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Exploring the influence of grape tissues on the concentration of wine volatile compounds

Blackford, C.L., Trengove, R.D. and Boss, P.K. (2021) Exploring the influence of grape tissues on the concentration of wine volatile compounds. Australian Journal of Grape and Wine Research . Early View.

Link to Published Version: https://doi.org/10.1111/ajgw.12524
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Abstract

Background and Aims

Knowledge of varietal wine flavour and aroma compounds has improved, but gaps exist concerning how grape composition impacts wine style. This work aimed to explore the influence that different grape tissues can have on the volatile profiles of wines.

Methods and Results

Riesling and Cabernet Sauvignon berries were separated into skin, flesh and seeds. Two sets of fermentations were performed using separated tissues: one using an equal mass of each tissue and another where the amount of each tissue in 25 g of berries was fermented. When an equal mass of tissue was used, the seed-derived wines had a higher concentration of esters than that produced from other grape tissues. Those produced using skins had the highest concentration of lipoxygenase pathway-derived compounds, and, for Riesling, a higher concentration of monoterpenes. When the proportional amounts of each tissue found per berry were used, the flesh-derived wines generally had a higher concentration of many wine volatiles compared to the other tissues. This reflects the greater proportion of flesh tissue in the berry compared to skin and seeds.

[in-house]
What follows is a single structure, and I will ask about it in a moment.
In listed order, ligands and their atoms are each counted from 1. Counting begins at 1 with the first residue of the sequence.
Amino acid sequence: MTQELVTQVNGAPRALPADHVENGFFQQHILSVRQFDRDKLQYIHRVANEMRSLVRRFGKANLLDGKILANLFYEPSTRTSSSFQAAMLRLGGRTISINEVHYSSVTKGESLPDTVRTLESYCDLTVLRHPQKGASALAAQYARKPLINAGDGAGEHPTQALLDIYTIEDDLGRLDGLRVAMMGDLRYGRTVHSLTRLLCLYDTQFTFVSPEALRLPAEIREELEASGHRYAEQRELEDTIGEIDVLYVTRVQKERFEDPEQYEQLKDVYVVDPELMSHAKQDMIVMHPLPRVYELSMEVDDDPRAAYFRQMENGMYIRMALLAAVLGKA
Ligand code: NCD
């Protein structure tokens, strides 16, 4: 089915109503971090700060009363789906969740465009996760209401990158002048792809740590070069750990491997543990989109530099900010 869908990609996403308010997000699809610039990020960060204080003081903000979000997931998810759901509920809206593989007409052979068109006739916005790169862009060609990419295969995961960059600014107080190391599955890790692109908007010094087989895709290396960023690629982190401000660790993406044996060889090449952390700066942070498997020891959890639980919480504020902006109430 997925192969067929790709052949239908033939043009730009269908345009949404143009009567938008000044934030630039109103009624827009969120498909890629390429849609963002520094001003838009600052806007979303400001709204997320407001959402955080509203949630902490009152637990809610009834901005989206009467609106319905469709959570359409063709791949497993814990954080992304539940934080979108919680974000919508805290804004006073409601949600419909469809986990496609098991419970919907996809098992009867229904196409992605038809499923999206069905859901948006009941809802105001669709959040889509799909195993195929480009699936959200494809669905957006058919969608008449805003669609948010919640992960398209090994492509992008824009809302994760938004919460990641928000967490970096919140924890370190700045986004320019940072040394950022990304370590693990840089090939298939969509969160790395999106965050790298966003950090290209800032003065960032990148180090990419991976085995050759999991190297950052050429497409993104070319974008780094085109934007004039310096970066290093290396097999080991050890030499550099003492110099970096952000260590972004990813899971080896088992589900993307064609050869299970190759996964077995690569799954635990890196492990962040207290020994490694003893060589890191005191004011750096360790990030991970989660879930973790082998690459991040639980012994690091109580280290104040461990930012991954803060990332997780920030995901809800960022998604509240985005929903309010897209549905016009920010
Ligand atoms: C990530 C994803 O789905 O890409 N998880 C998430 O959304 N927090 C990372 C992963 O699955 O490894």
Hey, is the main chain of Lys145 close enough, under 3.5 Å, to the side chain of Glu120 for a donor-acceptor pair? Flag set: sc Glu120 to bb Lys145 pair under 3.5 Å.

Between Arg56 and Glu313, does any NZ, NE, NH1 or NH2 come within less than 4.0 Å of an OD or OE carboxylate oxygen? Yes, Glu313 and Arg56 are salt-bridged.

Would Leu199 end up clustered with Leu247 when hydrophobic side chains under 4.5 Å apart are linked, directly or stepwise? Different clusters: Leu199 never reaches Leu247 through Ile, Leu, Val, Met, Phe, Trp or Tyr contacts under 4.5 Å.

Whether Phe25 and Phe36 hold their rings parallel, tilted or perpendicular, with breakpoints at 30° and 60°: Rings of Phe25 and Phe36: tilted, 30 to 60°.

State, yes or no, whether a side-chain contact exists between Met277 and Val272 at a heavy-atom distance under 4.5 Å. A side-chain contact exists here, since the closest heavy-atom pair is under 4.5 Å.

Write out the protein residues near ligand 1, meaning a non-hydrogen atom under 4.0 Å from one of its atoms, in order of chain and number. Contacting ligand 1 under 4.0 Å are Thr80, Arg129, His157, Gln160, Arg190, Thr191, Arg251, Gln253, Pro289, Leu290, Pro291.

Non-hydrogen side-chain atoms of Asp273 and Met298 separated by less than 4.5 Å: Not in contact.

Conclusions

Seed-derived compounds can enhance ester biosynthesis during fermentation and skins appear to have high lipoxygenase pathway activity. Nevertheless, the flesh makes up such a large proportion of the whole berry that it has the major influence on volatile profiles of whole berry fermentations.

Significance of the Study

Different berry tissues can alter wine composition in unique ways, and this can inform strategies to alter wine composition through vineyard management or the selection of new germplasm.

Item Type: Journal Article
Murdoch Affiliation(s): Separation Science and Metabolomics Laboratory
Publisher: Wiley-Blackwell
Copyright: © 2021 Australian Society of Viticulture and Oenology Inc.
URI: http://researchrepository.murdoch.edu.au/id/eprint/62658
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